These two fundamental directions of the spiritual life, as evidenced in Augustine's experience, may be stated as follows: the first consists in movement away from God and toward serious sin; the second, the reverse of the first, consists in movement toward God and away from serious sin, indeed, away from every form of sin, serious or otherwise. In his first rule Ignatius describes the action of the two spirits, good and bad, in the person moving away from God and toward serious sin, as in the case of the young Augustine. In his second rule he describes the action of the two spirits in the person moving toward God and away from serious sin, as in the case of the later Augustine seeking spiritual renewal.
Ignatius thus highlights this all-important fact: to discern correctly which spirit is working in a person's heart (and so to know what we should accept or reject), we must first identify the fundamental direction of that person's spiritual life. This is the indispensable condition for correctly discerning which spirit is operative in the movement the person is experiencing. These two rules help us to identify and so equip us to respond rightly to a vast amount of potentially confusing spiritual experience. Our task now, in this chapter, is to examine the first of these two rules.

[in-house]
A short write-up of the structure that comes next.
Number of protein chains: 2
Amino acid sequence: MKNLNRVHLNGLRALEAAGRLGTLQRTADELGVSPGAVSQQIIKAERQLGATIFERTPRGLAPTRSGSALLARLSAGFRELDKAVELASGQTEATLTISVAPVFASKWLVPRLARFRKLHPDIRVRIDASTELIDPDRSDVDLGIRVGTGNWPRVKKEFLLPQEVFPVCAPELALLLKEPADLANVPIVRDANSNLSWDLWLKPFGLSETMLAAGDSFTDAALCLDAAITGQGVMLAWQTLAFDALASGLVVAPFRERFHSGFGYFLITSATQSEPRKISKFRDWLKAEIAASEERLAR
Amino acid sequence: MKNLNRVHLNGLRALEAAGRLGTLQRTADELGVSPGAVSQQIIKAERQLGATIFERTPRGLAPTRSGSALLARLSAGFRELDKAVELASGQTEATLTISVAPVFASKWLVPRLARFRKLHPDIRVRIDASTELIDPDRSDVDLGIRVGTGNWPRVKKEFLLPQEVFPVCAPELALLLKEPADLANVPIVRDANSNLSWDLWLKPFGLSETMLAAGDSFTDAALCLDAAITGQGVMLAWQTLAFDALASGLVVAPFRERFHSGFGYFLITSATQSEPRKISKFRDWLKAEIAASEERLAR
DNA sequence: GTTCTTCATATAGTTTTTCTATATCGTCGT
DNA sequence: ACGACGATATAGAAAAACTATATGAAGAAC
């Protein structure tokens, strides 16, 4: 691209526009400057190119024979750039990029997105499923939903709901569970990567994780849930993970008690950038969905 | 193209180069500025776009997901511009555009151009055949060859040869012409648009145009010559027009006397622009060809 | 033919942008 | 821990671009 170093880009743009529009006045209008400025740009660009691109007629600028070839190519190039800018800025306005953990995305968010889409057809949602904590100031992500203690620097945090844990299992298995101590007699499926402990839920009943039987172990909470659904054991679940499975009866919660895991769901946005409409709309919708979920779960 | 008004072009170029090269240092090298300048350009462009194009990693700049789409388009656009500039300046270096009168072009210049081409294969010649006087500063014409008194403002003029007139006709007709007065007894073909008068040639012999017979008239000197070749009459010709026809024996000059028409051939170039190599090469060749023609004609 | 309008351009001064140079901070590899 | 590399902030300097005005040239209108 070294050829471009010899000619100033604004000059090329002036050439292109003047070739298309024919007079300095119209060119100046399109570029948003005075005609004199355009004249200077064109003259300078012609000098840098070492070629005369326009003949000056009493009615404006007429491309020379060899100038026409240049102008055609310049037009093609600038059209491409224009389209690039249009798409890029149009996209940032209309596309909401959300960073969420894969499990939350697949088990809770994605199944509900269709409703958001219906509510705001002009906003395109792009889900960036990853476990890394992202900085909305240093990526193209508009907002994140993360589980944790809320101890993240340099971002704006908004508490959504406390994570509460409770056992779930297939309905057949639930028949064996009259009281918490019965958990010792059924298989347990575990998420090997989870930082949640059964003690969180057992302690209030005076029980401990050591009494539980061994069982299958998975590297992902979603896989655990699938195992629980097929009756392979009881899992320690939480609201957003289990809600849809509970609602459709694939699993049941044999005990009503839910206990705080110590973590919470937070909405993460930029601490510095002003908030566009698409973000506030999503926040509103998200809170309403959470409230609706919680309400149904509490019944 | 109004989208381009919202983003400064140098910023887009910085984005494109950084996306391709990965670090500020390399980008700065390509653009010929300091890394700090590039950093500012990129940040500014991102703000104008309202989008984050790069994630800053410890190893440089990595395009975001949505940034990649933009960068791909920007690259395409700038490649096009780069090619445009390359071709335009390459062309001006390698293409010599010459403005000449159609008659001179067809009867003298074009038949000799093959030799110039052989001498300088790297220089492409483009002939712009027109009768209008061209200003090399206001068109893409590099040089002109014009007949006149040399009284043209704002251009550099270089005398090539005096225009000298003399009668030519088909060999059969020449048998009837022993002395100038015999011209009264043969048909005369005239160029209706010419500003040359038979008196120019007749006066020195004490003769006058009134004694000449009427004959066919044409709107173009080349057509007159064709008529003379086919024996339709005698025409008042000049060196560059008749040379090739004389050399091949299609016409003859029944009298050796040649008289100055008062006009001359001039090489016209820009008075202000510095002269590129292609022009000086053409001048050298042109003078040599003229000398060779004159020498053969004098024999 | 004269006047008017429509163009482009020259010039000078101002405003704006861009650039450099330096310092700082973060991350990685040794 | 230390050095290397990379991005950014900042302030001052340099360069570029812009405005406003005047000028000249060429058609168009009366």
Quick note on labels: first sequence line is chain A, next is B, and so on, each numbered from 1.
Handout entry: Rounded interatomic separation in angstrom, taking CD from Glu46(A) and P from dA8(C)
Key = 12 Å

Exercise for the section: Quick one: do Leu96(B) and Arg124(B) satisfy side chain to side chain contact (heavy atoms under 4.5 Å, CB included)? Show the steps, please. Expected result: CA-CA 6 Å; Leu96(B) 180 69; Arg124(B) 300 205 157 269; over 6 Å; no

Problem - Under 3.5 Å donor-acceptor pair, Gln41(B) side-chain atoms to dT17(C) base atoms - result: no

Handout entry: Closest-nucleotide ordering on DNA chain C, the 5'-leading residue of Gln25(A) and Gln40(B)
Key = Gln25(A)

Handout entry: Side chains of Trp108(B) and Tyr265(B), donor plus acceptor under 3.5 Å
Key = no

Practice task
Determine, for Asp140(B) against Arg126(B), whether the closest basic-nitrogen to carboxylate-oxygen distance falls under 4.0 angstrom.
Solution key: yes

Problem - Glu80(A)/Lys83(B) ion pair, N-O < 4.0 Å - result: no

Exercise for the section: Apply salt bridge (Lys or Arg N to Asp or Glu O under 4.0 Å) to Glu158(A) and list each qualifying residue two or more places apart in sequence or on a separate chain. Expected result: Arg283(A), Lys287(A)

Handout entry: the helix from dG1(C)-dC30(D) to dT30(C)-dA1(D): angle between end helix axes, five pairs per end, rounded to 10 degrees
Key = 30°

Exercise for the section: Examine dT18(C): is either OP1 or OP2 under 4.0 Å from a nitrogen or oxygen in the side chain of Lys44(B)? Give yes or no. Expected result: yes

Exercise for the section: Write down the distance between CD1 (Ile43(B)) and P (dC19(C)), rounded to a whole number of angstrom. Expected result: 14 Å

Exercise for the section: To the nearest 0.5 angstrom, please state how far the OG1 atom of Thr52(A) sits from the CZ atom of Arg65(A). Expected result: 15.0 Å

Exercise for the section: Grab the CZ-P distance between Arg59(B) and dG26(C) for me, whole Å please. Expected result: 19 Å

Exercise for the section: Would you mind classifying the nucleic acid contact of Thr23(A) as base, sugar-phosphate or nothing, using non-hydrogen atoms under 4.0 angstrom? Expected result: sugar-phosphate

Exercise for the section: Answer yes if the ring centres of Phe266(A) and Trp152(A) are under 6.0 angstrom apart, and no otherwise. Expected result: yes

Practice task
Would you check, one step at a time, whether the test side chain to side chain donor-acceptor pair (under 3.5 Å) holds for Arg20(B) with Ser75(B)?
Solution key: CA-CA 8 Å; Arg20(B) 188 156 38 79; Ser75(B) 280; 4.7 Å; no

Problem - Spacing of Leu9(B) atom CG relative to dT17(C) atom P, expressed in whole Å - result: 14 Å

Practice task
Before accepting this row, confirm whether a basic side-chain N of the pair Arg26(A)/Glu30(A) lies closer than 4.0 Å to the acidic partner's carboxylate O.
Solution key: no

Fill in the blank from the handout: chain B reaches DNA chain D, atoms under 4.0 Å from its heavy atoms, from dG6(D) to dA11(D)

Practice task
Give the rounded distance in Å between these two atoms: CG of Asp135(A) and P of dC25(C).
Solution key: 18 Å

The Person Moving Away from God
Ignatius's first rule reads as follows:
First Rule. The first rule: in persons who are going from mortal sin to mortal sin, the enemy is ordinarily accustomed to propose apparent pleasures to them, leading them to imagine sensual delights and pleasures in order to hold them more and make them grow in their vices and sins. In these persons the good spirit uses a contrary method, stinging and biting their consciences through their rational power of moral judgment.
In this rule Ignatius is describing the action of the spirits in a precisely identified person: one who is going "from mortal sin to mortal sin." The vocabulary focuses on a continuing direction of life, on "persons who are going," and on a direction of life moving away from God and toward serious sin. In rule 1 Ignatius clarifies how the spirits work in persons who find themselves in this harmful spiritual state.